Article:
Author: Evan A. Feigenbaum, CFR
It’s been a long and frustrating (and bloody exhausting … ) seventeen months for American trade policy. But on the margins of last month’s G20 summit, President Obama at last committed to complete the Korea-US Free Trade Agreement (KORUS).
Seoul hosts the next G20 summit in November. So the move—and Obama’s timing—makes a lot of sense. Indeed, as my friend Phil Levy puts it, ‘the failure to move on KORUS was calling into question US credibility on trade in general and US standing in Asia in particular. It would have been exceedingly awkward to show up in Seoul for the November G20 meeting with nothing to offer.’ Or as I put it a bit more bluntly on this blog back in May, ‘Here’s the thing about trade policy: the United States can’t be a leader in Asia without one.’
The good news is that the President has now instructed US negotiators to wrap things up in time for his November visit to Seoul. And, in the meantime, he’ll have to gird his administration for the coming fight with a bevy of unhappy constituencies: on Capitol Hill, in labour, and ultimately within his own party.
But watching the administration prep the ground on KORUS, I couldn’t help but wonder whether an FTA of this scope would ever have moved forward had the relationship at stake not been with the Republic of Korea.
Well, for one thing, Obama and Korean president Lee Myung-bak have forged what is, by all accounts, an unusually close rapport. Washington and Seoul have drawn closer during Lee’s two-and-a-half years in office. And for the first time in a decade, the United States, quite clearly, views South Korea not just as an important alliance partner but as a genuinely predictable one.
Then there’s North Korea’s March 26 sinking of the South Korean naval corvette, Cheonan. That event further tightened the increasingly close relationship between Washington and Seoul. It has yielded expanded defence cooperation and closer political cooperation. And these, in turn, should pay strategic dividends for both countries down the road.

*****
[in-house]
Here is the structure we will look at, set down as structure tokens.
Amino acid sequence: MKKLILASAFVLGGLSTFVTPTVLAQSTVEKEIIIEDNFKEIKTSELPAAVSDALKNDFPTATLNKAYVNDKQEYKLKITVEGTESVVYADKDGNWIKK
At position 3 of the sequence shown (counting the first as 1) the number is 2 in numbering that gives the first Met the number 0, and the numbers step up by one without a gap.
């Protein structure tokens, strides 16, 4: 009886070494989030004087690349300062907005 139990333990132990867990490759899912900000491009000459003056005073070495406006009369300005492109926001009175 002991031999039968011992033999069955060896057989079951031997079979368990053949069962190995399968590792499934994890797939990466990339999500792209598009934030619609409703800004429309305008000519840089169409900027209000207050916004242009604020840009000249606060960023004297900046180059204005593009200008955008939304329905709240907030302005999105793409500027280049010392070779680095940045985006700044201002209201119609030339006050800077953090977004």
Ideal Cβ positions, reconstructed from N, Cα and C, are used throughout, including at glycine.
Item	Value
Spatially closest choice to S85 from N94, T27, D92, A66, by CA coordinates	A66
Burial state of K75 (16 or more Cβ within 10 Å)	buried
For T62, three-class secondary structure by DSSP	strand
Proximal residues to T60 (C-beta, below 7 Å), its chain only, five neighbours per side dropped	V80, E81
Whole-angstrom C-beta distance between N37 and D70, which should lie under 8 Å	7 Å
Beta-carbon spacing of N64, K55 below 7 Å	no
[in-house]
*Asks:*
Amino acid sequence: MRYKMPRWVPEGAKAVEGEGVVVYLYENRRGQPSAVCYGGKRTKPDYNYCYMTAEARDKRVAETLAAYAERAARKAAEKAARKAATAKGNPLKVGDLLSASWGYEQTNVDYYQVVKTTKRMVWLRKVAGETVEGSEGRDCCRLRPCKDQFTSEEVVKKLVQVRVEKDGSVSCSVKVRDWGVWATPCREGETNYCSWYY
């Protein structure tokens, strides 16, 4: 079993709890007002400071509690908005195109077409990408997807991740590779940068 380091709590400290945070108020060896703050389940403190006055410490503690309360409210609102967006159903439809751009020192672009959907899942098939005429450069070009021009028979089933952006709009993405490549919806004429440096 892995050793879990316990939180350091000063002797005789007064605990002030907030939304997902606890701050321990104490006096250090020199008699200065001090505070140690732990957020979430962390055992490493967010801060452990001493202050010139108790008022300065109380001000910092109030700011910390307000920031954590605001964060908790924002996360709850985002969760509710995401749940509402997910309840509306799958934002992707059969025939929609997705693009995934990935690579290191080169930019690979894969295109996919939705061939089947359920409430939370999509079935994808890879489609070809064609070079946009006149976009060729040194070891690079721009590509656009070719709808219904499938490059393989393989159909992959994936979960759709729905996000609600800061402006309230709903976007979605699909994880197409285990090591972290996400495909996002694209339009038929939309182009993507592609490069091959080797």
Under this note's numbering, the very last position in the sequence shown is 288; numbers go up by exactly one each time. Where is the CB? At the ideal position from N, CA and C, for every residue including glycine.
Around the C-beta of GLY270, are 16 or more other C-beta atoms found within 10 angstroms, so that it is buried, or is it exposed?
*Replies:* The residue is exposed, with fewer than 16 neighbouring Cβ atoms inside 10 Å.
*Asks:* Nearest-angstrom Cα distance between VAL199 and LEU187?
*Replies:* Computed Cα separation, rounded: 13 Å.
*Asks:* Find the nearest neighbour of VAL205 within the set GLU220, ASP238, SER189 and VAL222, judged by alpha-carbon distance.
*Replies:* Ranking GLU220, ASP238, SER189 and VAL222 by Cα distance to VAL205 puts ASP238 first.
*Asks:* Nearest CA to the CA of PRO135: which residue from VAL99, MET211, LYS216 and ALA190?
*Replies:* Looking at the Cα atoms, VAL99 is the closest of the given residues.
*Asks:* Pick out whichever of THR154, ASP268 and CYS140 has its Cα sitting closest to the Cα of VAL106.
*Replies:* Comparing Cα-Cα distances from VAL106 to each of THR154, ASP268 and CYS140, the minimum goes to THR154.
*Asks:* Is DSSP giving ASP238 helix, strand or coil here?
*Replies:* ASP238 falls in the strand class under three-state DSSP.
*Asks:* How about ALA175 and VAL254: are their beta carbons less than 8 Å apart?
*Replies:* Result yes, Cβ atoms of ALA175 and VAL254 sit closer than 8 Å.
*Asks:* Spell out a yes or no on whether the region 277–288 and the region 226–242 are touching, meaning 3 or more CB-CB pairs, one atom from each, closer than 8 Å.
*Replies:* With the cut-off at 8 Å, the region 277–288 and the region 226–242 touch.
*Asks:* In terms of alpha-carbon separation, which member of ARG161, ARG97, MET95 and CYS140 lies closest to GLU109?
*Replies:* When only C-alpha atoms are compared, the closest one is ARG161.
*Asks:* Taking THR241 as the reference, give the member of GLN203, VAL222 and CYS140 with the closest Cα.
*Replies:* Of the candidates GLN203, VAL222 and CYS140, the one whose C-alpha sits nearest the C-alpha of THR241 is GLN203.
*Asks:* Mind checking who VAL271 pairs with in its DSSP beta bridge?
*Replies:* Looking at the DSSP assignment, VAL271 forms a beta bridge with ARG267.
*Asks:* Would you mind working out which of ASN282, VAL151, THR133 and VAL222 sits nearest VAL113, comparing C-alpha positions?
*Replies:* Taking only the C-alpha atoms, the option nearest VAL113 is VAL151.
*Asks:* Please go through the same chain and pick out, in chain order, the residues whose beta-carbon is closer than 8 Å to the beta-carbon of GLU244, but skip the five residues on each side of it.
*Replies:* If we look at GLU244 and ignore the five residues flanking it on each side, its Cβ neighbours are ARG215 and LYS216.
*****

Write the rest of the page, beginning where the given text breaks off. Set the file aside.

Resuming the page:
Still, I’d like to think the move on KORUS has a lot to do with Korea itself.
The narrative about Asia’s rise to global influence is, in its essentials, a story about Asia’s biggest powers—notably, China and India. And in a different sense, I suppose, the story of Asia and the world involves a parallel (and less exultant) narrative these days about an increasingly conflicted and uncertain Japan.
Yet, in subtle ways, Korea can stake its claim to this extraordinary story too.
But even more important, Korea is bouncing back strongly from the global economic crisis at precisely the moment when Japan and so many other industrial powers are continuing to struggle with debt, unemployment, low growth, or market volatility.
There are several reasons for this. All of them merit notice.
Lee’s administration has pursued an expansionary macroeconomic policy that, like many countries, has included a heavy dose of stimulus. But low inflation and Korea’s strong recovery have coincided with the Bank of Korea keeping interest rates at a historic low of 2 per cent. The OECD and the IMF now predict Korean growth in 2010 will rebound to as much as 5.8 per cent. The IMF’s previous estimate was a much lower 4.5 per cent, and even that 4.5 per cent number was pretty remarkable these days for an OECD country.
Renewed ferment among labor unions and even new capital controls have been met with something of a yawn. And so Korea has some flexibility and running room—even in the face of continuing economic troubles in Europe and the United States.
But here’s the thing: Seoul’s aspirations to burst the boundaries of the Korean Peninsula—to become a bigger global player—continue to bump up against the confining realities of its unhappy strategic geography.
There must be a hundred books and articles with titles like ‘Korea’s Future and the Great Powers.’ But, even if Korea avoids being caught between Beijing and Tokyo (and perhaps Washington too, to at least some extent), it’s still stuck next door to the ultimate drag on its aspirations: North Korea. As tensions with Pyongyang have intensified since March, it’s worth remembering that Pyongyang has so much less to lose than Seoul, which, as nearly every South Korean will tell you, has everything to lose from a confrontation.
Can South Koreans lift their gaze beyond North Korea and their Peninsula? Can they even afford to? Regional and global aspirations are, in too many ways, still a luxury for today’s South Korea. Yet what’s remarkable isn’t just how far South Korea has come but also how many fresh opportunities have emerged from the global economic crisis. Koreans are, in interesting ways, positioning themselves for a more competitive future.
Newsweek put this point nicely back in January: Korea is transitioning from ‘a successful but self-involved economic power into a respected global soft power.’ Korean politics remain among the most contentious in East Asia. And opposition successes in recent provincial and municipal elections promise plenty more ferment (and plenty more policy gridlock) ahead. But Korea has an increasingly global outlook—and, probably for the first time, some clout to back it up. Watch this space.
Evan A. Feigenbaum is a Senior Fellow at the Council on Foreign Relations.
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